Saturday, December 31, 2011

The Last Testament: A Memoir by God

With David Javerbaum
New York, Simon & Schuster, 2011
365 pages     Humor

Aziz, our Muslim Saudi student renter, looked at The Last Testament sitting on the kitchen table, pointed at the picture on the cover and asked, “What is this?” What was I to say? “Ah," I said, “it’s a humorous book by someone pretending to be God.” He took another look and turned away. I don’t think I scored very many points with Aziz that day.

David Javerbaum, who has taken irreverent looks at lots of things, first as a writer for Jon Stewart and lately as a songwriter and author, has really done it this time…The Last Testament is the ultimate irreverence. This is not a book for the faint-of-heart or the fundamentally religious, nor is a book for people who know nothing about the Bible or religion in general. It is very funny, but there are some passages in which you say, “OMG, I can’t believe I just read that!

The book itself looks like a Bible, with books, and chapters and verses. There is an Old Testament and a life of Jesus--Jesus being “the classic middle son” with an older brother Zach, called H.G. or Holy Ghost for short, and a younger sister, Kathy. You will find chapters about God’s favorite things, a chapter of “Godlibs,” a chapter of recipes, including one for Junior’s Fishwish Miracle, in which the ingredients are five loaves and two fishes.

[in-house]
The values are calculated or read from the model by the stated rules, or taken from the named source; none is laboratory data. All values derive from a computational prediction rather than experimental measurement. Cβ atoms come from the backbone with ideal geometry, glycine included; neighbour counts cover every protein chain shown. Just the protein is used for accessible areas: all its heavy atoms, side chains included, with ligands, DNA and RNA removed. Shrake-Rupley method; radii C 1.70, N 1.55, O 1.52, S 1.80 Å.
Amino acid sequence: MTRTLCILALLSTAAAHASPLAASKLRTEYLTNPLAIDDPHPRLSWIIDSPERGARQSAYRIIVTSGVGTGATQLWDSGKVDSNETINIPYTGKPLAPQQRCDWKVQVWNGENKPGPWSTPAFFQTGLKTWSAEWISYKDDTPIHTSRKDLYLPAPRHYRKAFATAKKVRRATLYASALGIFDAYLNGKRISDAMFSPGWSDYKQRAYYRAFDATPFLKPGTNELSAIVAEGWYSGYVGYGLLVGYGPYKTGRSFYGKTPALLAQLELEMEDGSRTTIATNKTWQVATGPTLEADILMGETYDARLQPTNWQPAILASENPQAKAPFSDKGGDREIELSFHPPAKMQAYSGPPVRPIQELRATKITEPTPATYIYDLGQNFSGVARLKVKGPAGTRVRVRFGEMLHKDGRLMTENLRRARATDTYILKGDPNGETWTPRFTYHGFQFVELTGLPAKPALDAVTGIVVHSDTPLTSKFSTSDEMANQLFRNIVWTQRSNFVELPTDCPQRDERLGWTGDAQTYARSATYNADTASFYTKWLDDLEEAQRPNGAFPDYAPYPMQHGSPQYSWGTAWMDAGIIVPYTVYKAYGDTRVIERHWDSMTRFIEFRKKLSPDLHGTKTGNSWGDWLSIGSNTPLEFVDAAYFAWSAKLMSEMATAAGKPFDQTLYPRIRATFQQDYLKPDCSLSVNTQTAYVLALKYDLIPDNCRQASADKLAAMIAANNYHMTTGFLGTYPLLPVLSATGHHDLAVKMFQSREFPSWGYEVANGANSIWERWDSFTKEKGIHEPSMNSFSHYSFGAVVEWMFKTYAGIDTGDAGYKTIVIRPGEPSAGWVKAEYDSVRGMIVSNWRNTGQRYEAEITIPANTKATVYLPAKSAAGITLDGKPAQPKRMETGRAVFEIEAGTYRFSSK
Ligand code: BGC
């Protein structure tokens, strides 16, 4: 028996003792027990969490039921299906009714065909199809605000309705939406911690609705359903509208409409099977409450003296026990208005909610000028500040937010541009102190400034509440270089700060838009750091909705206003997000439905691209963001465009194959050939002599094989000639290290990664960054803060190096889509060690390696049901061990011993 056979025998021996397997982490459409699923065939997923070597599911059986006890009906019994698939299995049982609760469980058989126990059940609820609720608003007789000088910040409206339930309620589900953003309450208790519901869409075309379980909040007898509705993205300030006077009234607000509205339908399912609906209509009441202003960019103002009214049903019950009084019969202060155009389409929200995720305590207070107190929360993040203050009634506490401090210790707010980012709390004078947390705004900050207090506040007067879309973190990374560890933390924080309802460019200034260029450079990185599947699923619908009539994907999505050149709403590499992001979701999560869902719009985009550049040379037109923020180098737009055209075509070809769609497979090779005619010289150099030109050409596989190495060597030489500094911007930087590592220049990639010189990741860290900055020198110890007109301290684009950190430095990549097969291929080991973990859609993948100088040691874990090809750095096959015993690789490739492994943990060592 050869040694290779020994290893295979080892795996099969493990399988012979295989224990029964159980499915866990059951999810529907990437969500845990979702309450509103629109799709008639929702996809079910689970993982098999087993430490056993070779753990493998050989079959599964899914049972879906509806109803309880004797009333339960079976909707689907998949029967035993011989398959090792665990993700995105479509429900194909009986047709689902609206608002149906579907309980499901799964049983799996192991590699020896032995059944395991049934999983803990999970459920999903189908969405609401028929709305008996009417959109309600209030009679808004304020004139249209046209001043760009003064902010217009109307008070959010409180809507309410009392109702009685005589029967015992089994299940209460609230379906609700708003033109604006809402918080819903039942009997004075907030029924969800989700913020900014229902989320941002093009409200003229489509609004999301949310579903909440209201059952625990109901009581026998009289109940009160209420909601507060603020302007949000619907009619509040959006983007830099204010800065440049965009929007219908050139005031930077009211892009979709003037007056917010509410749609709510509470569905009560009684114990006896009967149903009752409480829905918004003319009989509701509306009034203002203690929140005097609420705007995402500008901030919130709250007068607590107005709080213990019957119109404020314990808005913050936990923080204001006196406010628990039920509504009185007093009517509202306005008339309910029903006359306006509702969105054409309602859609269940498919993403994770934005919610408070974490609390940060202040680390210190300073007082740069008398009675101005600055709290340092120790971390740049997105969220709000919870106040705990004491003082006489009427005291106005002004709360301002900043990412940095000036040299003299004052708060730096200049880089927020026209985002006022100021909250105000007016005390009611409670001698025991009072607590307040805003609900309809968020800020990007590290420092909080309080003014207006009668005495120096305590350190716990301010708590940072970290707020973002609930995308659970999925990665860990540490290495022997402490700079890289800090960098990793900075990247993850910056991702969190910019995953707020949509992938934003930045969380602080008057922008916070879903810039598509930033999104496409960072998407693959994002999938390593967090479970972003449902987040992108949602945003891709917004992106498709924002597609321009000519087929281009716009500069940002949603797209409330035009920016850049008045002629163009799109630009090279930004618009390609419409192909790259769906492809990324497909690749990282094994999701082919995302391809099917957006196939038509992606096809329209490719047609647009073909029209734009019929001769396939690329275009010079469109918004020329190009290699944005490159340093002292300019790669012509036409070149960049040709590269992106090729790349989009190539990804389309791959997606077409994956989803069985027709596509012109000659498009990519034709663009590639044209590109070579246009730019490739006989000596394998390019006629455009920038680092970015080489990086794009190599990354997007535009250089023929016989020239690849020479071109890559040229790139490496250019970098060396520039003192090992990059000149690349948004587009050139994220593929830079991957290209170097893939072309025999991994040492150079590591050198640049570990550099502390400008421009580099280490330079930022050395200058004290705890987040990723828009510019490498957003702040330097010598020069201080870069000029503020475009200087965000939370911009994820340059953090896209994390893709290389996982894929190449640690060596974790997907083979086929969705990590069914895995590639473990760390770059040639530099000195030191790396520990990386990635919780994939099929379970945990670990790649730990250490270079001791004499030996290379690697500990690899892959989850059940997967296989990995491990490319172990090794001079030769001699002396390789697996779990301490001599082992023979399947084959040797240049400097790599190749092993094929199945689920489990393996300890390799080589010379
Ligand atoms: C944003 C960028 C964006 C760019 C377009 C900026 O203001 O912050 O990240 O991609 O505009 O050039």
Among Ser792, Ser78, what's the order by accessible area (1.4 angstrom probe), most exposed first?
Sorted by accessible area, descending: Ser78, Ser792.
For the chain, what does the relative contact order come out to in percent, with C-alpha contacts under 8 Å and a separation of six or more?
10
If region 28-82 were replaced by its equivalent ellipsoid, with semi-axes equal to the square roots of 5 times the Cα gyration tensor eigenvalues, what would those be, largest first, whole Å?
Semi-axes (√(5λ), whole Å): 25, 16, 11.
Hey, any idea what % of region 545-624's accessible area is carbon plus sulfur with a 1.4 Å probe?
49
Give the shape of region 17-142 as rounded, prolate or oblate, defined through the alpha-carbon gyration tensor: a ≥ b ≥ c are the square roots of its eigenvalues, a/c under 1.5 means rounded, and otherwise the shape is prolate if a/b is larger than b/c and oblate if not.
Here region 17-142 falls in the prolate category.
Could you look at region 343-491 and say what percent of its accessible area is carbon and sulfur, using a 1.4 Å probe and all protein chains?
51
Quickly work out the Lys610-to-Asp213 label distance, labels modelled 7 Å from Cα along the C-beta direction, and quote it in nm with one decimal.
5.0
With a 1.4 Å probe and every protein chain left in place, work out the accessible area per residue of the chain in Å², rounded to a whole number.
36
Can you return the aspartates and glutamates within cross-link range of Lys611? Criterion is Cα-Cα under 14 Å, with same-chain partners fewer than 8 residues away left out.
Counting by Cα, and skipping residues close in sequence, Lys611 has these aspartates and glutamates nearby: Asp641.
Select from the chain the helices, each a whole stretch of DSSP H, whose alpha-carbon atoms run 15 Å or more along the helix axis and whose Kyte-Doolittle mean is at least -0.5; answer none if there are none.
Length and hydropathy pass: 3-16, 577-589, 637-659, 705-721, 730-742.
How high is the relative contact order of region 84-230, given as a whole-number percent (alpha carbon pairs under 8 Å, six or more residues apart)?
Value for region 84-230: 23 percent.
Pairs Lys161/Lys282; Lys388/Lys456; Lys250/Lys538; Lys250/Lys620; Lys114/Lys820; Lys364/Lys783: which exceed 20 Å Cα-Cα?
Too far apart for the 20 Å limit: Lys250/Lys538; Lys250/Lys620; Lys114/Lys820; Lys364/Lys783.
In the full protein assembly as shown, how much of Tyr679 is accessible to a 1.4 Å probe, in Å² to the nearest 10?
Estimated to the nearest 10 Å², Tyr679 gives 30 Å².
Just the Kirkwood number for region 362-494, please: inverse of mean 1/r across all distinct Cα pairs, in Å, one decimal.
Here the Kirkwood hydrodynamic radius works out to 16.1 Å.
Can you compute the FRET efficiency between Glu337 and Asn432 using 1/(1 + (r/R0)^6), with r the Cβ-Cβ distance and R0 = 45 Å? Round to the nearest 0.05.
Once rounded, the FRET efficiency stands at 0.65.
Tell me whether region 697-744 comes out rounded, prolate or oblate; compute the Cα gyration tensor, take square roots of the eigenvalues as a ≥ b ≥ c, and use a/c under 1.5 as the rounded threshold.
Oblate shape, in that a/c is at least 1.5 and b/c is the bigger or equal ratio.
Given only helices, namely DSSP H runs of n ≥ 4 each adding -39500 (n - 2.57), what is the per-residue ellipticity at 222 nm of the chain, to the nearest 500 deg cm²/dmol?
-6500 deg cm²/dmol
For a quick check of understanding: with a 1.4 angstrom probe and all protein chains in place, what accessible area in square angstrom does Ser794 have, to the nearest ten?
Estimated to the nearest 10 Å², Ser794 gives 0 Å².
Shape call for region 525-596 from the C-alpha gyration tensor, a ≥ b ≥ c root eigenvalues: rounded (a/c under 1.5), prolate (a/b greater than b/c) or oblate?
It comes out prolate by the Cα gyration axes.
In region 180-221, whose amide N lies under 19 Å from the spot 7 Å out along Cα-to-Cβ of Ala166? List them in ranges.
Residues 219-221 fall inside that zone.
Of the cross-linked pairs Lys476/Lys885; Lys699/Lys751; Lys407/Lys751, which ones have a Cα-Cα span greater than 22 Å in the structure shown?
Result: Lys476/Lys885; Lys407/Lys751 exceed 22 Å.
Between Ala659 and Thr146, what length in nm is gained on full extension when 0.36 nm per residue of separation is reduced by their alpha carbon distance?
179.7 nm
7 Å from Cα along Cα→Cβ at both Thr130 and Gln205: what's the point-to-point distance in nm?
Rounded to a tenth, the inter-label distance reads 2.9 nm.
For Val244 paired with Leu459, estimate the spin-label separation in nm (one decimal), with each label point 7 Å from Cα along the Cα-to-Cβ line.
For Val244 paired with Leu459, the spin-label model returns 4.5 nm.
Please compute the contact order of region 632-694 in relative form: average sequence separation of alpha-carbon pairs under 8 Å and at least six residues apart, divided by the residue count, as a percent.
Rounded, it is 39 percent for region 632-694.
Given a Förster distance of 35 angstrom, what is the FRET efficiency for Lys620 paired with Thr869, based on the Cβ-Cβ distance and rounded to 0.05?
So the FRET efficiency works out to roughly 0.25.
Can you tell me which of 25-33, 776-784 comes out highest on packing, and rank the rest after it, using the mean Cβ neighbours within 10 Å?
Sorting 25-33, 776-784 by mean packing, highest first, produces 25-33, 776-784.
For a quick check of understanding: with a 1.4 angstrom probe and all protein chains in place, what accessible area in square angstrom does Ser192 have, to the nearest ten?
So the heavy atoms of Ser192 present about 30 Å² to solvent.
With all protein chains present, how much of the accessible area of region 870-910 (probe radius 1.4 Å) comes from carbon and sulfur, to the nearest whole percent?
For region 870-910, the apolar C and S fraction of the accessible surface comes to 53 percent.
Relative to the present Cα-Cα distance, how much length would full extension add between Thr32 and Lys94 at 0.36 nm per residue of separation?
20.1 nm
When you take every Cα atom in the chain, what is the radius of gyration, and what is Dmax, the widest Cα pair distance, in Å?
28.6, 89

My favorite book is called “Pleader” in which God discusses his views on prayer and the answering of prayer. God says that children should not be praying “And if I die before I wake, I pray thee, Lord my soul to take.” He continues “Even I consider it bizarre, that the last words on children’s lips before they go to sleep would address the prospect of their own premature death. They are children. They should be asking me for ponies.”
Everything religious gets skewered—Jews, Muslims, Scientologists, Hindus and particularly Buddhists. Some verses are laugh-out-loud funny; some are pretty dumb; and some are so obscure that the reader (at least the readers in our household) has no idea what’s going on. On the whole, the book is erudite and sophisticated, although occasionally it tends toward the crass.

My husband and I read it aloud together every morning over the past couple of months; it was great to have a good laugh every morning.We remarked several times about how knowledgeable the author is about scripture and religion (Javerbaum, not God). Anyone who can so skillfully satirize God must know a lot about our religious idiosyncrasies.

 An interview with David Javerbaum:

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